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GROUP TEST

 

HIGH END DVD PLAYERS

 

ARCAM DIVA DV88, £900

Looking every inch like the classy piece of AV kit that it is, the Arcam Diva DV88 is largely designed and built in-house, with the exception of parts like the Korean made deck mechanism and what looks like an off-the-shelf DVD decoder board using the highly respected Zoran Vaddis III processor chip (also used in a number of other high-end players, including recent models from Toshiba). The only reason we're telling you this is because Vaddis III is one of the first single chip decoders with HDCD (high definition compatible digital) compatibility, adding to the DV88's already impressive list of credentials as a accomplished AV component.

 

Don't expect too much in the way of toys or gadgets, though. It has all of the DVD basics including a modest selection of track play facilities (x2, x4, x8 & x20 speed picture search and 6-speed slomo), a 3-stage zoom, easily hackable region lock, 3-scene bookmark and there's a component video output, for use video projectors and suitably equipped (and currently rare) home cinema TVs. However, it's clear from an internal examination why it costs the thick end of £900, it's sturdily built and the power supply looks like it's been lifted out of a high-end power amplifier.  

 

A beefy power supply may not be absolutely essential but on high-end gear it can make a lot of difference, ironing out the often minute fluctuations in demand by the processing circuitry and mechanical components like the deck mechanism. Heavy-duty components also add to the weight, which is no bad thing on a DVD player as this can have a damping effect on vibration and reduce chassis resonance.

 

Video quality is excellent, little detail is lost in dark and moody scenes like the opening sequences in Batman & Robin but it really shows what it can do with lots of colour, light and movement and the traffic cone sequence in Toy Story 2 reveals just how good state of the art animation has become. Movie sound is pin-sharp, revealing lots of subtle little details but it swings effortlessly into action blockbuster mode, packing the explosions and gunfire in The Matrix with impact and energy. The best it saves for audio CD sound, which compares favourably with high-end audio components. Bright classical pieces come alive with a big vibrant sound, which also suits gutsy rock and pop tracks. A real smooth operator, the best of both words, it's pricey but it delivers the goods.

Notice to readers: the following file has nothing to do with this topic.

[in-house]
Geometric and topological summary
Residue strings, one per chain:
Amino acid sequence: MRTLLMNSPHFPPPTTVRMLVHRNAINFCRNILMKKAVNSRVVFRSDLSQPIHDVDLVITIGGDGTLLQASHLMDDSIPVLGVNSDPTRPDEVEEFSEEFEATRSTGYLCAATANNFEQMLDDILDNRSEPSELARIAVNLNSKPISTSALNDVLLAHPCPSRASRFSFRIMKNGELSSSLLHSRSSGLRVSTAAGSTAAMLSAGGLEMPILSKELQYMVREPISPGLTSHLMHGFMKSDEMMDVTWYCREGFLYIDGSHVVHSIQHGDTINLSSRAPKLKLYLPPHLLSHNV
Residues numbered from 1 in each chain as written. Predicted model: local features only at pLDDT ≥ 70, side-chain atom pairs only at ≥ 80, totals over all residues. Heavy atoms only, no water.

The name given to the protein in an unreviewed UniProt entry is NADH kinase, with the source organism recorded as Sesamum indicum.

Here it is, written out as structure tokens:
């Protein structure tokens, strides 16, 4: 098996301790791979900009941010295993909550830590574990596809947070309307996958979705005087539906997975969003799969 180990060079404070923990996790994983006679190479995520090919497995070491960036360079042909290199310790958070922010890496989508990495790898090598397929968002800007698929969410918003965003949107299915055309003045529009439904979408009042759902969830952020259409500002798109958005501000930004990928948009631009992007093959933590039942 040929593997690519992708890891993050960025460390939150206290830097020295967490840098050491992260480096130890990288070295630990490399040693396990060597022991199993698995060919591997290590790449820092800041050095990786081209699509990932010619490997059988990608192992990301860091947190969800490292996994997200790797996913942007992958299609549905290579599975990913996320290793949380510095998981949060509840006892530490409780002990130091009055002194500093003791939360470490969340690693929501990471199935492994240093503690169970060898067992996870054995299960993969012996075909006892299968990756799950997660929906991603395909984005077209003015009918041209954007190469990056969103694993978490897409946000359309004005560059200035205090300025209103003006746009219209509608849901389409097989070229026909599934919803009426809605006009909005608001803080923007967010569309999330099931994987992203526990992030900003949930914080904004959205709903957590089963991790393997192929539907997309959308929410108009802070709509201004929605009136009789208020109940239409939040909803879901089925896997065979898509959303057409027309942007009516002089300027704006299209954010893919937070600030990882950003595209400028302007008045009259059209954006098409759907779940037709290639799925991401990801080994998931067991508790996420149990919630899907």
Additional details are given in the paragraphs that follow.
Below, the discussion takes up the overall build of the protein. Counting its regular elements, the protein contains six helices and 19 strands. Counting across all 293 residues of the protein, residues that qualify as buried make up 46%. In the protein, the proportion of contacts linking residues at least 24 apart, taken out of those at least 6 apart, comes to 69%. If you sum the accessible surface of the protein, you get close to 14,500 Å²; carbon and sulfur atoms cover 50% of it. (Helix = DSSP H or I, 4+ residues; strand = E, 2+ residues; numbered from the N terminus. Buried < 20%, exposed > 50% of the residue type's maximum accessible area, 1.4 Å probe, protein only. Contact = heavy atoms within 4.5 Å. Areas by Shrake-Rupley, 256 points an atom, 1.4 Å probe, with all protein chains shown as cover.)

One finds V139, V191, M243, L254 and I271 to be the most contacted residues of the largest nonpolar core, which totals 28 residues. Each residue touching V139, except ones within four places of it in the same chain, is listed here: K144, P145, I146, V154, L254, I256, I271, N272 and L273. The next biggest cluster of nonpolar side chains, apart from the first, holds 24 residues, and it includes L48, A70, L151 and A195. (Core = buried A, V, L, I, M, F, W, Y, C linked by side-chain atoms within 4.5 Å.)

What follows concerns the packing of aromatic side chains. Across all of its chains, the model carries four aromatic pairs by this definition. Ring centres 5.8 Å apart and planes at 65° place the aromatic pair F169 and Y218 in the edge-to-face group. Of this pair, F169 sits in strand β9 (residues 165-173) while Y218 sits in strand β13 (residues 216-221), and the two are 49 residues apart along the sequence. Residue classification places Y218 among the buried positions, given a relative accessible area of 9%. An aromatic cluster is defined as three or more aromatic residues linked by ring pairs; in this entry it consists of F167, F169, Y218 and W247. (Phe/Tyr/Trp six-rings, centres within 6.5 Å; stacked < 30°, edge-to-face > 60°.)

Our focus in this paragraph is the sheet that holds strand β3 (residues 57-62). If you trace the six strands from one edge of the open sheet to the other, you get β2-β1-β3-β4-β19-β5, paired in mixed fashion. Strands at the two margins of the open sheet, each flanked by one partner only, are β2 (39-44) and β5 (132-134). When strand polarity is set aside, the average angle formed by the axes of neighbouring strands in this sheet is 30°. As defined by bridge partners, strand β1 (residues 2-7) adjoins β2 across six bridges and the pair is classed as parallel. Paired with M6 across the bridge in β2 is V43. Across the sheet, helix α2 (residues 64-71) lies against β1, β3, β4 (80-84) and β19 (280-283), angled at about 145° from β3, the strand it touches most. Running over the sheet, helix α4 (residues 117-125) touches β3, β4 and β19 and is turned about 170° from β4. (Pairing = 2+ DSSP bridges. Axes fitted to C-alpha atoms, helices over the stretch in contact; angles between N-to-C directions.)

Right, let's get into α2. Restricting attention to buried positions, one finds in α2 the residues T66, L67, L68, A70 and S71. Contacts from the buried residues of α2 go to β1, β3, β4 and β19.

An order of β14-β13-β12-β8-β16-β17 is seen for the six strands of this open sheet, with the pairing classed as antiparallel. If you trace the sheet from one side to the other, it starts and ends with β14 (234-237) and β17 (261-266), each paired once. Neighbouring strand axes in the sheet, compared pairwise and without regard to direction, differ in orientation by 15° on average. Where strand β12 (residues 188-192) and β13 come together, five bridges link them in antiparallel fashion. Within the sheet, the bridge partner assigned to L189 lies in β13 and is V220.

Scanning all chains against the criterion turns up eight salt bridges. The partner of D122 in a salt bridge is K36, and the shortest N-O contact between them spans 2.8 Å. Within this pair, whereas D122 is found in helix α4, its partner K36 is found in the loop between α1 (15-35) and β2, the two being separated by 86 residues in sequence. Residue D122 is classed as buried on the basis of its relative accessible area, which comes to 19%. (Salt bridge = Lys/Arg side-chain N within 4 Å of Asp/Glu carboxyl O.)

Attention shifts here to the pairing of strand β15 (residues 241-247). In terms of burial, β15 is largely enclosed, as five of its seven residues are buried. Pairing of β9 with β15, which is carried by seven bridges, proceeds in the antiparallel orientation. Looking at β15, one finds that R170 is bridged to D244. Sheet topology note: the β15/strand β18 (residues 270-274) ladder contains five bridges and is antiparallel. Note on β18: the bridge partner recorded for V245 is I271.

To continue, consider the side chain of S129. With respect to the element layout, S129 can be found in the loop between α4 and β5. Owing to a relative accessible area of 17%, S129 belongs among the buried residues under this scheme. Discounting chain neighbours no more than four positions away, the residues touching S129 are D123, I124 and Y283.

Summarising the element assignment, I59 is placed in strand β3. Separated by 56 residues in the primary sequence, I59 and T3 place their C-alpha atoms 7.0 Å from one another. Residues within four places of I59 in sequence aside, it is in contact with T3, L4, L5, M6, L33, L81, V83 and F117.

Arcam 01223 203216

 

FEATURES

Region 2, PAL/NTSC replay, dts compatible, HDCD playback, multi-speed replay, 3-stage picture zoom, 3-scene bookmark, multi function remote (Arcam products only)

 

AV out (SCART), S-Video (mini DIN), RGB, component & composite video, mixed stereo and coaxial bitstream (phono), optical bitstream (TOSlink)

 

BOX COPY

HDCD or high definition compatible digital is a kind of Mk II audio CD. It uses a 20-bit coding scheme to increase the amount of detail in a recording, taking it closer to the original sound. Unlike the new digital audio formats intended to replace compact disc, HDCD discs can be played on ordinary CD players, and enthusiasts claim they actually sound better. However, to get the full effect the player needs to have the additional processor circuitry, creating a more sharply focused soundfield and richer, more natural sounding vocals and instruments.

 

Overall              4

Picture Quality            5

Movie Sound                  5

Music Sound                 5

Build Quality            4

Features                       4

 

DVD BUYERS GUIDE XTRA INFO

 

ARCAM DIVA DV88   

£                                  £900

VERDICT                      4

STATUS                       

COMMENTS            smart stylish looks, outstanding AV performance

TYPE                            DVD

5.1 OUT                        N

OUTPUT                       -

COMP’NT VID            Y

SCARTS                       1

ISSUE

 

 

DENON DVD-300 £1000

This rather smart looking player -- with a price tag to match -- is based on a set of Panasonic components. In fact the specification is remarkably similar to at least two other players in this group, from Panasonic and Technics with DVD-Audio replay as one of the main selling points, and home cinema audio features that includes on-board Dolby Digital and dts 5.1 channel digital surround decoders.

 

In common with the Panasonic A7 and Technics A10 it's a hefty little beast though in this instance almost all of the extra weight is down to a metal plate bolted to the bottom of the case. This is meant to damp out vibration coming from the deck mechanism and from whatever it is standing on. Additional screening is provided for the DVD-Video processor board. The remote handset is a bit of a let down. It's a standard Denon item and a real swine to use, mainly due to the size of the buttons, and in particular the microscopic 'Select' button in the middle of the four cursor keys. To add salt to the wound we found that the handsets supplied with the Panasonic and Technics players will control this machine.

 

The control system and on-screen displays all have a familiar ring to them. Our sample appeared to have a firmware glitch. During DVD-Video replay the picture disappears – as it is supposed to do – when the 'Audio Only' button is pressed but it won't come back and the only way to restore it is to switch the machine off and on again. Otherwise it behaved impeccably and features like picture search and slow motion replay are very responsive, allowing the user to quickly move through a recording, or analyse a scene – frame by frame if necessary -- in minute detail.